1. Thank you for sharing this! I was wondering if my twin girls were ready. They are almost 4 but they are developmentally delayed, one with autism. They have known the alphabet since before they were 2 but they haven’t chosen a dominant hand yet and their grip is still incorrect. I am getting ready to introduce sandpaper letters and I am wondering if it is time to start working on reading with them. I want to use the Pink Series from Montessori for Everyone. Do you have thoughts on early reading?

    • I didn’t realise that there was more to it too than just an interest in letters. When Jack’s OT asked me these things and pointed out some of the things she had observed from their sessions it was clear that he wasn’t ready for writing.

      With reading, from my experience with children who struggled with reading, the most important thing is to make reading a way to find enjoyment, a way to find information. If you want to find out more about something, or delve deeper into your imagination, you read. You don’t read for the sake of reading. It’s the process, not the end result.

      I think if you follow their interests, find books which truly capture their attention and their imaginations, they will want to know more. Eventually they will want to know what the words say.

      If your girls are starting to ask about what words say then they might be ready for reading. Definitely follow their lead. It is much easier and more effective to wait until they are truly ready to learn. Don’t feel pressured to teach them to read, they will enter their own developmental stage at their own time. When that time comes, the Pink series is a nice simple place to start. I think I would use real objects with the words though instead of the flashcard. This way they can attach meaning to the word, making it more relevant; they are more likely to retain the information this way.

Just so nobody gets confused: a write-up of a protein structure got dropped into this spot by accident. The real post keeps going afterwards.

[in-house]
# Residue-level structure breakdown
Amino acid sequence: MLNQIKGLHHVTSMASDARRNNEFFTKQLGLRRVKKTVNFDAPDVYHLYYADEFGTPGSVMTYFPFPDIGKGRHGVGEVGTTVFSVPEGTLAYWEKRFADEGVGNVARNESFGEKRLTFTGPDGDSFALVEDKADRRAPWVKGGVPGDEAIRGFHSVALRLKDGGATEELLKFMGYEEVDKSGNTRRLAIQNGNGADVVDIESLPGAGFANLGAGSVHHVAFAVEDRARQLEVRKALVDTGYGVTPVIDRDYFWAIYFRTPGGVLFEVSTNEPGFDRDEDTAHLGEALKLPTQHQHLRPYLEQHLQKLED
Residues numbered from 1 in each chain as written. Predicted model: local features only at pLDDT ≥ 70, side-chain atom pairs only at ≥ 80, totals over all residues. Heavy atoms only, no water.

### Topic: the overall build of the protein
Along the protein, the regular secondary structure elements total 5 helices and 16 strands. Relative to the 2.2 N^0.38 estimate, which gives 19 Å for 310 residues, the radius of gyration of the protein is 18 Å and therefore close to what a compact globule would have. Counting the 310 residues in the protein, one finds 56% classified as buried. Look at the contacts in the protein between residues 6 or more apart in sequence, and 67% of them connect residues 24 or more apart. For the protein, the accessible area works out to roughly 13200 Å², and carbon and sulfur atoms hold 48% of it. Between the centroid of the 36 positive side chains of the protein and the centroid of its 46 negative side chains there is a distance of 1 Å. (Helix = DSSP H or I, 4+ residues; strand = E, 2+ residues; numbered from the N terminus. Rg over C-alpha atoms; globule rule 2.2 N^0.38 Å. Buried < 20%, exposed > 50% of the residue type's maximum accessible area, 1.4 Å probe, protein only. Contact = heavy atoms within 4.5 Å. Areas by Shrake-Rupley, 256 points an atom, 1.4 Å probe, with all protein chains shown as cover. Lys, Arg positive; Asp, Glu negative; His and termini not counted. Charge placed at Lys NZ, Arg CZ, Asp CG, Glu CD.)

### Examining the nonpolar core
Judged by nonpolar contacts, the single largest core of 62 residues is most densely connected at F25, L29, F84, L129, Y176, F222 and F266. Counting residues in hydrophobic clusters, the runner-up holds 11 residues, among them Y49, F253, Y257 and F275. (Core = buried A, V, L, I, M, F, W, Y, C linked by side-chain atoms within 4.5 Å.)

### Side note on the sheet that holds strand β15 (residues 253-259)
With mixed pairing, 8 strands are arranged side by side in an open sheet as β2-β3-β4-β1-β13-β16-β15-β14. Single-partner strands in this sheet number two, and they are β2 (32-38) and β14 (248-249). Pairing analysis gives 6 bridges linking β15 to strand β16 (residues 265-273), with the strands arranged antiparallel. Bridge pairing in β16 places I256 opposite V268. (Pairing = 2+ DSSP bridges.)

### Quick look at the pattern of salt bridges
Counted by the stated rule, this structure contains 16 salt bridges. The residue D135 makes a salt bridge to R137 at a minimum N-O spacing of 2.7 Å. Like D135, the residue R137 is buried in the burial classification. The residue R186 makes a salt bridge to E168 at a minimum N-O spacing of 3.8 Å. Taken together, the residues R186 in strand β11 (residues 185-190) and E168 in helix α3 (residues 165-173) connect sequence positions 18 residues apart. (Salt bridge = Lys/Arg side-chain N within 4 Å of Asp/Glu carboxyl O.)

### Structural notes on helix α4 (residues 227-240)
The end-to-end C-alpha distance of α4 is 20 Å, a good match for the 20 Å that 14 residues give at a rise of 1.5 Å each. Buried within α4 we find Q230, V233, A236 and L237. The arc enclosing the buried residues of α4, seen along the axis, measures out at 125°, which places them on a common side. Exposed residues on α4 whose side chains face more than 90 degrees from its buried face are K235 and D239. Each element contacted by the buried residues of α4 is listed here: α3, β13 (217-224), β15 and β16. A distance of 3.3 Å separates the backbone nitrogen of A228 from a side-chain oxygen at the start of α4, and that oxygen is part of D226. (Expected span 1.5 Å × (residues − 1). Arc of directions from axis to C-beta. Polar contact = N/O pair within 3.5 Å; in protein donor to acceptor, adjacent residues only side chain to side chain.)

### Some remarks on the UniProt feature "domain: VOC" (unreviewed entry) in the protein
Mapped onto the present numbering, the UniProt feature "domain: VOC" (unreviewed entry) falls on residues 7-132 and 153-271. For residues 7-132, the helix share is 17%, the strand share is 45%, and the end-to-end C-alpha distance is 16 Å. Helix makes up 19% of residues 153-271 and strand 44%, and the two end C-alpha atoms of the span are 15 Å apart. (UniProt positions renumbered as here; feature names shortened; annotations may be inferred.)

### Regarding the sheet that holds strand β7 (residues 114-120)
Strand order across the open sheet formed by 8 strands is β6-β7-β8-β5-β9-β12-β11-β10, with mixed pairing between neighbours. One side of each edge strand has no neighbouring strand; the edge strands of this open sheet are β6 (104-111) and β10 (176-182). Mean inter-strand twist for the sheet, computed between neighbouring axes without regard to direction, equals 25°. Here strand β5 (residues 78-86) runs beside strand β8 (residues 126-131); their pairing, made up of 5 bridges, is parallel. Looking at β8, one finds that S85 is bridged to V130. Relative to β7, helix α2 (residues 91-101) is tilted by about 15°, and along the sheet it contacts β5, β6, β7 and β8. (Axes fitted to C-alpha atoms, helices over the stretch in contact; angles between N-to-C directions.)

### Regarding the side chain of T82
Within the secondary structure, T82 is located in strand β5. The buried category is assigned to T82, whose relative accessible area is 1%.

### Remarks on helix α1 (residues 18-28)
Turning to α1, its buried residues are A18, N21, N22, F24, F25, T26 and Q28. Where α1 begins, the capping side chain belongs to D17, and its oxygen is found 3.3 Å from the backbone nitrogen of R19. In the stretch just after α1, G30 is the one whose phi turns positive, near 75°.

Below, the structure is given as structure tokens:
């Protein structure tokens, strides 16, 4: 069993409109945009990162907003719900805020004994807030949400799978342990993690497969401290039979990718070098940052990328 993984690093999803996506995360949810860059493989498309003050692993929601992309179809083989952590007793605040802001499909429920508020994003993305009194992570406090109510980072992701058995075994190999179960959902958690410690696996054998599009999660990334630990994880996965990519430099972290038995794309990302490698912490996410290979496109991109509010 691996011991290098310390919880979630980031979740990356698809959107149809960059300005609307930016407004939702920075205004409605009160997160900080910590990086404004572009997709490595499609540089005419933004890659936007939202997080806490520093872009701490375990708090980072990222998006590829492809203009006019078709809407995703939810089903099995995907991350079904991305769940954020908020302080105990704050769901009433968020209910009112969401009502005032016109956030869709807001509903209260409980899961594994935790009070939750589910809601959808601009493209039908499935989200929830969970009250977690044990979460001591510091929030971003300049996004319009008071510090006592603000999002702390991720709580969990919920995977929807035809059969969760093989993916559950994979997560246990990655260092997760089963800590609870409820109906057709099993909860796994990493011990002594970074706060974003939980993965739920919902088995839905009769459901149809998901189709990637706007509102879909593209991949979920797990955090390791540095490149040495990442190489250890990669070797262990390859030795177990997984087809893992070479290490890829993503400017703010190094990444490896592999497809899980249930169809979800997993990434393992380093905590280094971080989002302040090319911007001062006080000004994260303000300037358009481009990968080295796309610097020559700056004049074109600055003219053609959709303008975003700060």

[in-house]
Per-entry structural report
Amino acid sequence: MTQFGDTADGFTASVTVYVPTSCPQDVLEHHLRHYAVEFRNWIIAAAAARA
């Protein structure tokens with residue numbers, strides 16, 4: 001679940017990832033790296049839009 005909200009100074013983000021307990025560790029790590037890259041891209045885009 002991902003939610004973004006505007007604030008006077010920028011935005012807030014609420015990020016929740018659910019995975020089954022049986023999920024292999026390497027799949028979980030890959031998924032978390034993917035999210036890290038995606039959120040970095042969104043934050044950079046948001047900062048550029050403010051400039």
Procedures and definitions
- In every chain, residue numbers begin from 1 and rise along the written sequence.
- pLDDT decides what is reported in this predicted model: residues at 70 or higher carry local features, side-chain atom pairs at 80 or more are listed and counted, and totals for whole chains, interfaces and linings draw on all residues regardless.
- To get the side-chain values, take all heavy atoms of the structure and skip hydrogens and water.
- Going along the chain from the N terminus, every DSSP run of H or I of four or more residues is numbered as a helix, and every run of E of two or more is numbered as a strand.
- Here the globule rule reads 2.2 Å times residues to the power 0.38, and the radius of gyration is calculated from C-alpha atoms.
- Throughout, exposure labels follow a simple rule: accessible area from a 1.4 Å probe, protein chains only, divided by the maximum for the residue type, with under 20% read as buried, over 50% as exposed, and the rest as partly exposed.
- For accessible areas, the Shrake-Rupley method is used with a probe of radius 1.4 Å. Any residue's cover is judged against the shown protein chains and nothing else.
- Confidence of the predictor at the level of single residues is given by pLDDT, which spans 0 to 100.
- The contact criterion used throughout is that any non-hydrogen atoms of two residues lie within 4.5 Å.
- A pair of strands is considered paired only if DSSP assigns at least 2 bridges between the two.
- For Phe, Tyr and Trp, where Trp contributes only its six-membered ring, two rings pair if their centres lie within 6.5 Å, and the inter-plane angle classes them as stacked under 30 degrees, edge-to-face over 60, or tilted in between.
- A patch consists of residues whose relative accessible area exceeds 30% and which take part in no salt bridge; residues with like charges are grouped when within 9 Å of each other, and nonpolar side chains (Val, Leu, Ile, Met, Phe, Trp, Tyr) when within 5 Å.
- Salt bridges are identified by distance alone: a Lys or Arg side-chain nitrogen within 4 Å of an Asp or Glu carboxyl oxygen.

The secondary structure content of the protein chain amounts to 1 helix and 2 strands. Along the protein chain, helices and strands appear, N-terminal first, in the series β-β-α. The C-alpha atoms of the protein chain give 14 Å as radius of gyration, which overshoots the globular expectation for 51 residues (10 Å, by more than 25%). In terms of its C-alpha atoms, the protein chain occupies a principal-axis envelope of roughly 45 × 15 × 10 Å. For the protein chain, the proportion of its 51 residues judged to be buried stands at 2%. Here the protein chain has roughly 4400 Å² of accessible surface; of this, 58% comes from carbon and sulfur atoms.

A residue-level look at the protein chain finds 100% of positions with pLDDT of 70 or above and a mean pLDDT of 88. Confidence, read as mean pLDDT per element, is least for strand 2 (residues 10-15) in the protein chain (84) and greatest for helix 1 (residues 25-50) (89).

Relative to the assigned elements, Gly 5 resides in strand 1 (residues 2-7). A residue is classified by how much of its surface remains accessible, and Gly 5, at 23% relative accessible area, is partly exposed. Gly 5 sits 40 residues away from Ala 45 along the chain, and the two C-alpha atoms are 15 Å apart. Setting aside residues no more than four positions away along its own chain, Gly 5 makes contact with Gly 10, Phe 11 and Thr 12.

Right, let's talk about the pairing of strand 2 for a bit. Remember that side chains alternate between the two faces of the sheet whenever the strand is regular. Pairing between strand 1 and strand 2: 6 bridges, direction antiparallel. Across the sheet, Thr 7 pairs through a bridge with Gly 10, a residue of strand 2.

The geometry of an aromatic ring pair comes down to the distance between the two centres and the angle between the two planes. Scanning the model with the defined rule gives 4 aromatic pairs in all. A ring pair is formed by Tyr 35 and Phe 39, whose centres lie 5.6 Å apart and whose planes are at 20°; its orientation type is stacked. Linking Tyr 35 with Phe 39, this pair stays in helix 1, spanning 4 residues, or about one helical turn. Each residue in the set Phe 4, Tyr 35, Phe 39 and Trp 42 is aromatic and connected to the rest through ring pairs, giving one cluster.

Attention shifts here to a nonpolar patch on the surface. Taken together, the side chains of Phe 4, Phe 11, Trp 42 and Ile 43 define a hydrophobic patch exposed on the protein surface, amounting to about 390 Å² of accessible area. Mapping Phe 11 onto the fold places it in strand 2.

2. What is the name of that documentary? It sounds so interesting! As a teacher at a Montessori & Reggio preschool, I’d love to see it and show it to colleagues and parents.

    • It’s called ‘The Lost Adventures of Childhood’. I put a link up the top. It was so affirming and I highly recommend it. One of the key contributors was Carl Honore. I was so intrigued by his words that I bought his book ‘Under Pressure’. The book is about hyper-parenting and the push to get ahead. I have read it several times over.
      I can’t recall the name of the study but it talked about hyper-parenting, structured childhoods and child burnout. I know it really made me think again, to think about play, just play and to let learning occur more naturally in these early years.

  3. Interesting post. I’m not sure about the handedness thing, though; I personally didn’t decide on my dominant hand until I was at least six. One of my uncles is perfectly ambidextrous; me, well, I am right-handed most of the time, but I learned to print with my left, thanks to a perfectly timed broken arm. I draw and paint with both hands though now that I think of it I hold my drawing/writing tool differently with each hand, and, apparently, both are “wrong”. Anyway, at almost four my boy hasn’t declared a dominant hand yet and honestly I’m not really expecting him to. I’m in no rush to teach him to write, but if he decides to go for it, things like which hand and how he holds his pencil won’t stop him.

    • I was thinking the same thing too about hand preference. I asked Jack’s OT and she said that it is common for children to switch between hands but at around 3-5ish they start to figure out which is their strength hand and which is their helper hand (although it is common, like yourself, to do things like cutting with their ‘helper’ hand) even though they will still try out different activities with different hands. I don’t hold my pencil ‘correctly’ either – and have a rather yucky lump on my left ring finger because of it.

      Jack has started to write, mostly numbers but still he is definitely interested in writing. But like you, I’m not in a rush to sit down and teach him how to write, especially since we are still working on his shoulder stability and strengthening his hand/wrist muscles.

      How is your little guy going by the way? 😀 Jack started preschool today and the house is strangely quiet.

  4. Hello – new reader and I’m loving your posts! I’m hooked thats for sure!
    Just wondering if you could tell me the brand/where you bought the alphabet/word puzzle that Jack is doing in the last photo? Thanks!!!

    • Yeah, we play a lot of sound games. It’s one of those things that we don’t have to but too much effort into with Jack. He has such a passion for music and sound and will happily play these games with us all day if we could keep up with him. He’s starting to recognise end and middle sounds now. We have a very simple guessing game, like ‘I spy’ I guess where we say a word and he has to say the last or middle sound. He tries so hard to listen for each sound. It’s quite endearing really 😀

  5. Pingback: This week…. | An Everyday Story